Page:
Also, we need something that can compile for all platforms and from whatever platform you’re working on. And to achieve that, a lot of configuration needs to be done. Ogre is not easy and one needs to dig into its documentation first, which is also a little scattered all over the place. But it’s a very promising tool and, as we can see, @frankiezafe and Pieter have achieved a big step this week (check previous posts by François).

    Balthazar believes that Polymorph is working on an incredible and very ambitious project. Something that the open source community needs and that in the long term could be really successful, but it also requires a great amount of resources. He sees the Polymorph Engine as an open source alternative to Unreal Engine or Unity3D. But for that, so much work needs to be done in terms of ease of access and more intuitive interfaces. The problem with Ogre is that, whatever you want to achieve, you have to do it with code. There is no preview window, no icon that tells you where your camera or your lights are. You have to write it, compile it and then see it running. Which makes game creation very tedious. Balthazar is hoping that with Polymorph Engine, those aspects could be solved, one day.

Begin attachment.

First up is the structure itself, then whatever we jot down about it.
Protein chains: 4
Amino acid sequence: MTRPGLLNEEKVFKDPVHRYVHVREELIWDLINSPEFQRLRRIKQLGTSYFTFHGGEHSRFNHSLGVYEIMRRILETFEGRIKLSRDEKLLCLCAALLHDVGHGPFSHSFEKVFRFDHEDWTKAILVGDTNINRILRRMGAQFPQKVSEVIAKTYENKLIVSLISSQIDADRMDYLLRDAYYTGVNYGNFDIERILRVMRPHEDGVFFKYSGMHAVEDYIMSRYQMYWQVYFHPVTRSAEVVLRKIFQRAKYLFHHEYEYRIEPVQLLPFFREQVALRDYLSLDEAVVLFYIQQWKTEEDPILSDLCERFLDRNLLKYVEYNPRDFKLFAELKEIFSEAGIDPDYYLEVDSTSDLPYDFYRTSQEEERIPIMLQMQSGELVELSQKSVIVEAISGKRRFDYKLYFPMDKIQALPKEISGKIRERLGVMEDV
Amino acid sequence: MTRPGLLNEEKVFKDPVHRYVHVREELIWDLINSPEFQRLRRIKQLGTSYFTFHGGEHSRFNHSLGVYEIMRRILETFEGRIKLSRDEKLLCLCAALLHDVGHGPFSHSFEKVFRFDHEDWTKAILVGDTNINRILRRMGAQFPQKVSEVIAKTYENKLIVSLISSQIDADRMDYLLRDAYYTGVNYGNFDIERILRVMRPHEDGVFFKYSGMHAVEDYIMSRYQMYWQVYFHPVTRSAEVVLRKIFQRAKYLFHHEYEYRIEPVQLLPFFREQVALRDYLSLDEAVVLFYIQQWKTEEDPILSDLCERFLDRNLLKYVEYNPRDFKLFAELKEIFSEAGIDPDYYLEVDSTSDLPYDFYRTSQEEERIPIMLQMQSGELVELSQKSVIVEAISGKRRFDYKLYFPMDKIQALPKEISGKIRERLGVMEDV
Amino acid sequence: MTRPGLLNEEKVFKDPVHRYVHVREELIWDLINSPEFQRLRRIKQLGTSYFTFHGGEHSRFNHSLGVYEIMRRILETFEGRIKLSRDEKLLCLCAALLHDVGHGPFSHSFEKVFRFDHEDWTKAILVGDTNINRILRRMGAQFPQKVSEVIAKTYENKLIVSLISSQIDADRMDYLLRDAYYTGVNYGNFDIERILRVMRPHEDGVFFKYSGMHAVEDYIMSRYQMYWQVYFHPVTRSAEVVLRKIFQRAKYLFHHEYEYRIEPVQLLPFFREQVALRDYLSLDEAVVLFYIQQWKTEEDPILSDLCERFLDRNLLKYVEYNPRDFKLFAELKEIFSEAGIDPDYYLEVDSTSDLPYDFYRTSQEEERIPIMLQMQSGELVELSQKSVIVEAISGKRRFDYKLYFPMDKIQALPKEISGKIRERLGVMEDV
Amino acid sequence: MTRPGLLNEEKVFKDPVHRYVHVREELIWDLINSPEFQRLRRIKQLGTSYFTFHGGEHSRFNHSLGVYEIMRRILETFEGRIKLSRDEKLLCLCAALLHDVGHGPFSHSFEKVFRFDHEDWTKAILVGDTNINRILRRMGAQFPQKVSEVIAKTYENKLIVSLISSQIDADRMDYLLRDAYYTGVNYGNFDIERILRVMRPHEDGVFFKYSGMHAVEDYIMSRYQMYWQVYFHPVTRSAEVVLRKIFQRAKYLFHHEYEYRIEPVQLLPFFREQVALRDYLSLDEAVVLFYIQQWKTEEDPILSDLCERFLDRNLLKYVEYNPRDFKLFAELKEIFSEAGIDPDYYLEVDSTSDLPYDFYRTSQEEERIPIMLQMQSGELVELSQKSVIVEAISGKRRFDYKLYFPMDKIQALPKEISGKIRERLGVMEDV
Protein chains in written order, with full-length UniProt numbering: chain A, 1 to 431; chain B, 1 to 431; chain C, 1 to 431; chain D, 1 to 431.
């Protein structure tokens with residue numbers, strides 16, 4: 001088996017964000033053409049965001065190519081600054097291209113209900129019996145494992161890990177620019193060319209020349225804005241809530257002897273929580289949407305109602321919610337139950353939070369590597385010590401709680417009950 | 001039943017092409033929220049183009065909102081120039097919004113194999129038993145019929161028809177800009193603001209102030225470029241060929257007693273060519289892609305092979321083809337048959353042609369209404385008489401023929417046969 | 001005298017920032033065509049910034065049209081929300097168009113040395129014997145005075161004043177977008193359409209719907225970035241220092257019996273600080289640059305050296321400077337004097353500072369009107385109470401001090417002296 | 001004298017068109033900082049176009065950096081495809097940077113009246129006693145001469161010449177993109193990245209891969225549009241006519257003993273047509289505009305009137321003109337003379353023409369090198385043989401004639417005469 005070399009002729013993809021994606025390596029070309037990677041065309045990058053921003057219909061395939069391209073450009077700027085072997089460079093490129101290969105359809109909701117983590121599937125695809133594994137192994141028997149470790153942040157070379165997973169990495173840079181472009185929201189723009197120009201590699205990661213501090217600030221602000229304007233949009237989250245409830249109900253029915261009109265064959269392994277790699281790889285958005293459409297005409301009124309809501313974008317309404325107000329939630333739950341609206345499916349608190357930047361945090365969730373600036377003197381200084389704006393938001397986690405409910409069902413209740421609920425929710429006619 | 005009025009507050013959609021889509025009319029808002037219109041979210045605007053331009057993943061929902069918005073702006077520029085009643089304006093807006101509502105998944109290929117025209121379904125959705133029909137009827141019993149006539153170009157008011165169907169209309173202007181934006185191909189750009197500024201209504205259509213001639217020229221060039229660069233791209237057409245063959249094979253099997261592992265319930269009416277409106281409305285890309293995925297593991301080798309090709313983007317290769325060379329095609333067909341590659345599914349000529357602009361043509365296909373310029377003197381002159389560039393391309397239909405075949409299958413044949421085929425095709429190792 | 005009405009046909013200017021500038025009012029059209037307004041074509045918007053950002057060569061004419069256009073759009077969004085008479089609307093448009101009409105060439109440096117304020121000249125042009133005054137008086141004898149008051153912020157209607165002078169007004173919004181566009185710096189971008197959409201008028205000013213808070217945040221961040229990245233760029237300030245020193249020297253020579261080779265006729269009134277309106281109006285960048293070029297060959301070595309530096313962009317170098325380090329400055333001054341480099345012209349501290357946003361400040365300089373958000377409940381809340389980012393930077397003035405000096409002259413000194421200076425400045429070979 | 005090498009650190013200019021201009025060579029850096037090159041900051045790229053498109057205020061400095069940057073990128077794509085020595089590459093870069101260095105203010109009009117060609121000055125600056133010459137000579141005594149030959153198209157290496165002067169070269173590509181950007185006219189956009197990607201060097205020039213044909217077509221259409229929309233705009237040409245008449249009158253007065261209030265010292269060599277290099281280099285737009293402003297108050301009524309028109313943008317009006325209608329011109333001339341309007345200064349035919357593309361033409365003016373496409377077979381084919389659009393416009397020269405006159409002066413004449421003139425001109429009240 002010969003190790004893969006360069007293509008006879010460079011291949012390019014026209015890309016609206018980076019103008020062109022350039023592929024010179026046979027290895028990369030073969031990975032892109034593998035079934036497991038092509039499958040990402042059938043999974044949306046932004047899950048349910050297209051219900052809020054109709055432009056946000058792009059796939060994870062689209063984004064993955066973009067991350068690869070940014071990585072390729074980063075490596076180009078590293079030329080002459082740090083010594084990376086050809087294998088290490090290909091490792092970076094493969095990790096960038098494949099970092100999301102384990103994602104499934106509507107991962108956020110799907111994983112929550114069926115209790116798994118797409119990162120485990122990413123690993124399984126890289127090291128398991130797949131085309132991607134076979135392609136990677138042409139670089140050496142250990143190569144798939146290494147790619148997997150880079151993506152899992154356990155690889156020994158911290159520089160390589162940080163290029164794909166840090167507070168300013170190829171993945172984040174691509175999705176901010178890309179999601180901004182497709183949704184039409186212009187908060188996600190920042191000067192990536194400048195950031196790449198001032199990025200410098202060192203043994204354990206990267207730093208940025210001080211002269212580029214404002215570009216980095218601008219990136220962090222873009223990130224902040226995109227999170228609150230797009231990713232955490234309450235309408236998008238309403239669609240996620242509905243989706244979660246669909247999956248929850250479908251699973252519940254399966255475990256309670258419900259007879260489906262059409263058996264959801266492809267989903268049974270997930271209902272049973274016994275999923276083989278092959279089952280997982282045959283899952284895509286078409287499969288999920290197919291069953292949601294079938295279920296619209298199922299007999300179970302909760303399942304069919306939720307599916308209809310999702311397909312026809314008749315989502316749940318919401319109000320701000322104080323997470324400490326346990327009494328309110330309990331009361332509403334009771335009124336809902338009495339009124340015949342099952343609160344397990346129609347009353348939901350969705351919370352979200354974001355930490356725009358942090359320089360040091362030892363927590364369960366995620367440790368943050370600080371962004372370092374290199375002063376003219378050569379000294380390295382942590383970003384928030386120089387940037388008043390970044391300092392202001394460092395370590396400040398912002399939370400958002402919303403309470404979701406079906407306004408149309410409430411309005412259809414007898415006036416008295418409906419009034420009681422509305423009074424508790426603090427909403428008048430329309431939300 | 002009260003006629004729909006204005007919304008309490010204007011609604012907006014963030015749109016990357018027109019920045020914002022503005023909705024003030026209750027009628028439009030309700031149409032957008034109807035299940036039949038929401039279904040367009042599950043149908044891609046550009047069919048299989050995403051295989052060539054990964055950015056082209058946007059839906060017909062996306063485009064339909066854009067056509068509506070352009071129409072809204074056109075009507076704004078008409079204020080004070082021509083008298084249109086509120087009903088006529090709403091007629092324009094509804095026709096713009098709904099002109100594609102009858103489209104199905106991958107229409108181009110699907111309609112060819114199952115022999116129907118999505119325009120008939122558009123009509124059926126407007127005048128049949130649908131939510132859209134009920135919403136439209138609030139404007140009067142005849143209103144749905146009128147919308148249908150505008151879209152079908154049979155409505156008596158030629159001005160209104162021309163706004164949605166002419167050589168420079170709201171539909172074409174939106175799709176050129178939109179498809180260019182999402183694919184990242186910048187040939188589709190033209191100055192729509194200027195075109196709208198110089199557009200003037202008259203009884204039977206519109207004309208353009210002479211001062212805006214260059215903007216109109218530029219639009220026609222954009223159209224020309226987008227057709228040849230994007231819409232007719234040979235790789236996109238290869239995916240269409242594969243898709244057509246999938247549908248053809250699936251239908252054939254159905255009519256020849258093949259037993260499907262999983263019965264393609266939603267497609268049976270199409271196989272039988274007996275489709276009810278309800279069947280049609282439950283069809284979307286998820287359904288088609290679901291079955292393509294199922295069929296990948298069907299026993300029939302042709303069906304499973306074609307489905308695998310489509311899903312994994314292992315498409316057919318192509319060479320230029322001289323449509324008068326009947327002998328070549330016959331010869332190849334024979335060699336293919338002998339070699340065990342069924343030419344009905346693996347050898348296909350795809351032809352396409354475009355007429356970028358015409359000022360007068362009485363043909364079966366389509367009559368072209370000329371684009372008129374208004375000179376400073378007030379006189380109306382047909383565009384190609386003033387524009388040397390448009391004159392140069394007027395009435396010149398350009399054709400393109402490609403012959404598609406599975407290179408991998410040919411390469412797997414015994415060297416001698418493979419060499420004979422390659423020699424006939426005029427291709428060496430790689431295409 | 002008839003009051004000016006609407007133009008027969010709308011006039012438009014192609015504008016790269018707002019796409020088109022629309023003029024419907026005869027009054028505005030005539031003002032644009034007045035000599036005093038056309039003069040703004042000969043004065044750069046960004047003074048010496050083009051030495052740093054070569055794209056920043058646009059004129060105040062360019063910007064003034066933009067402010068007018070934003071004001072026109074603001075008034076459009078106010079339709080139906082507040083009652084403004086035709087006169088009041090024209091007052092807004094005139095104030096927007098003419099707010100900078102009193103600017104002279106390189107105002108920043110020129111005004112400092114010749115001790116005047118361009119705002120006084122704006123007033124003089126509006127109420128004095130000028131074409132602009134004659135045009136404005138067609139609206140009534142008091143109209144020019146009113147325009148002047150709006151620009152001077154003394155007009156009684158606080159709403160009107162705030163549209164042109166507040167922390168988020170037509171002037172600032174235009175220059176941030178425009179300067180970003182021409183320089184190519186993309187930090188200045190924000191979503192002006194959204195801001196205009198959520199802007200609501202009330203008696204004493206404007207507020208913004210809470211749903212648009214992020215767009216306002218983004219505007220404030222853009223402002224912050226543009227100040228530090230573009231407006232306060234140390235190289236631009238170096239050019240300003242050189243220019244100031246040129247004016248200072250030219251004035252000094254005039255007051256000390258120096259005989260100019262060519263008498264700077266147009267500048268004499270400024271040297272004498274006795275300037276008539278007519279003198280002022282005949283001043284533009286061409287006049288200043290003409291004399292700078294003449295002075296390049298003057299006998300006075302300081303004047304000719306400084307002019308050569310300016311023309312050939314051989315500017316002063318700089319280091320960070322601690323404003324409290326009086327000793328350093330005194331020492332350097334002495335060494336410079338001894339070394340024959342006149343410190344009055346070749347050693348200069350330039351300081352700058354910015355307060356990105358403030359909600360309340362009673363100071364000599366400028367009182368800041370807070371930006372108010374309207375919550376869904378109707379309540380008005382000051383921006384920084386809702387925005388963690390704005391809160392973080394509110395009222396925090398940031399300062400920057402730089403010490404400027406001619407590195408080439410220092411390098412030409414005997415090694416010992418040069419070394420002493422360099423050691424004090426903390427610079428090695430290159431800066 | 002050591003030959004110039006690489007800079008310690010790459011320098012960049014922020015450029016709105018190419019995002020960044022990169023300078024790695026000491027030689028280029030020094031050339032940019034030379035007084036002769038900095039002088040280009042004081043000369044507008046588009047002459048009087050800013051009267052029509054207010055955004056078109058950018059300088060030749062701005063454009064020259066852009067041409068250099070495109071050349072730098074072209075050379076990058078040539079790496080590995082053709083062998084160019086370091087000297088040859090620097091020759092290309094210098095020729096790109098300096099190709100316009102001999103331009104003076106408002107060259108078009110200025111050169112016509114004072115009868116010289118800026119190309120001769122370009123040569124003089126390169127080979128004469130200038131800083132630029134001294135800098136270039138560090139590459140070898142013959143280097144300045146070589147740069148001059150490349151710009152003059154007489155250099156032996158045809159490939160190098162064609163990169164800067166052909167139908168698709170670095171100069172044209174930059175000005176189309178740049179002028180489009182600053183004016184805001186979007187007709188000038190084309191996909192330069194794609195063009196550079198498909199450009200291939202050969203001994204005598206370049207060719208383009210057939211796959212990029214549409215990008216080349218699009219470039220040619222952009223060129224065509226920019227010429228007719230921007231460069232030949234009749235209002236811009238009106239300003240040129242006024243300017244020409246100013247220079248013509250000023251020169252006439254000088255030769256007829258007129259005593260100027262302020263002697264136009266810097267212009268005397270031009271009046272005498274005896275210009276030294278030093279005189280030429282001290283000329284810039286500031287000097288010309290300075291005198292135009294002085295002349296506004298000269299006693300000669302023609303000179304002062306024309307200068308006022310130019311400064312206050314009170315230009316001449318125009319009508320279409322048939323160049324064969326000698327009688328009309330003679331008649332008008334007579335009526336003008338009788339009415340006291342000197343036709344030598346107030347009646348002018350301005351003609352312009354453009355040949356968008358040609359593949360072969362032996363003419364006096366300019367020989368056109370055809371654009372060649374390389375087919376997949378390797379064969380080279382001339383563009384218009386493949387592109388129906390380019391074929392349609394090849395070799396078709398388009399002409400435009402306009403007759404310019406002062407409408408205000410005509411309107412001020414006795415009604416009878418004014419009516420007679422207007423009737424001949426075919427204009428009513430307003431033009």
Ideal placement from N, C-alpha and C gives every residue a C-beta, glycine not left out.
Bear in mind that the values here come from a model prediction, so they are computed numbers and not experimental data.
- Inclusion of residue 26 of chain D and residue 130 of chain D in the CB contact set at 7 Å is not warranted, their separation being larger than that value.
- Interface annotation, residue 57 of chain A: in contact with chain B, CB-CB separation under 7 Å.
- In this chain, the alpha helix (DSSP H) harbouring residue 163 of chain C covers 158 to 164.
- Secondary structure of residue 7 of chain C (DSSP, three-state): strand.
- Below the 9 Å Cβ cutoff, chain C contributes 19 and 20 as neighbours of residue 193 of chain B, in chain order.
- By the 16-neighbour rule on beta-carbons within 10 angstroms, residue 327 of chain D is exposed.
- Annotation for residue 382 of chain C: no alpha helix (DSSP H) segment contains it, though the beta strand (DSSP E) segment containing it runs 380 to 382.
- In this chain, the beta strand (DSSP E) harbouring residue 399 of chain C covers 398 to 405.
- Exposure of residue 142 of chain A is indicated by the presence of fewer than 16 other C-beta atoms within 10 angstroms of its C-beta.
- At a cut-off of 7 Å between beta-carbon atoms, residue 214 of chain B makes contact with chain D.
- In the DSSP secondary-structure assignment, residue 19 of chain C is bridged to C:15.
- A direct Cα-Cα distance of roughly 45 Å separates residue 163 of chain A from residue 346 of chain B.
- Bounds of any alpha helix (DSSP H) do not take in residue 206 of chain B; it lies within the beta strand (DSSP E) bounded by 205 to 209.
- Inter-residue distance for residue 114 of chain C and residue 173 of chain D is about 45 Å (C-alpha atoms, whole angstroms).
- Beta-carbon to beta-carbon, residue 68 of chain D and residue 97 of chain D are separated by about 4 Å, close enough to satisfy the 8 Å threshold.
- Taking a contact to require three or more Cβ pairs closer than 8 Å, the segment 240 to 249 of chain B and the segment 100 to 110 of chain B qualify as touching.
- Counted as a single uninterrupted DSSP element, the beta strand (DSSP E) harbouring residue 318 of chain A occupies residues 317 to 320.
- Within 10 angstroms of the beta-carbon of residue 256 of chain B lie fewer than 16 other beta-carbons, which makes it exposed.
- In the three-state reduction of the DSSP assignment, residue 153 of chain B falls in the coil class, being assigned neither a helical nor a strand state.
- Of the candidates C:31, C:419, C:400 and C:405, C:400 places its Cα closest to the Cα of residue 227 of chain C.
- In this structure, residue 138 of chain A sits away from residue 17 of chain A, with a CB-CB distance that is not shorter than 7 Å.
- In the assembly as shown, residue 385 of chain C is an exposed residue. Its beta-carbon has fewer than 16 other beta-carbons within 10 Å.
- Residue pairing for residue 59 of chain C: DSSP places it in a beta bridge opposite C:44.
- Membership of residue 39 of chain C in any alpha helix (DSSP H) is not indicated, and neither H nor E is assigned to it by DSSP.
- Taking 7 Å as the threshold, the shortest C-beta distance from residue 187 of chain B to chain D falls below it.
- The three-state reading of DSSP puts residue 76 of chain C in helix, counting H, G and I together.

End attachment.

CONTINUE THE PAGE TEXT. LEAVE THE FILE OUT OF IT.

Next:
For now, though, building PEEL, the first open source game project from Polymorph, is the real goal and the best strategy according to him. It allows the team to see what’s working and what needs to be improved. And once Polymorph has something to show, than the bigger goals can be put on the table. But as Balthazar says it: “All we need now is a very good Makefile”.

     
  • xuv 20:36 on 2016-07-22 Permalink | Reply
    Tags: , , , ,   

    Polymorph weekly news #2 

    general-kickoff-presentation-engine

    Just like last friday, here’s a little recap of what happened inside Polymorph during the week. For this episode, I interviewed Pieter Heremans, one of the core developer working on the Polymorph engine. I first met Pieter when he was part of Lab[au], but you probably also know him for his involvement in HSBXL, F/LAT and many more projects involving hacking and open source technologies.

    During our discussion to prepare this post, I was curious of why they had chosen to go for Ogre 2.0 and how Pieter was seeing the development of the engine.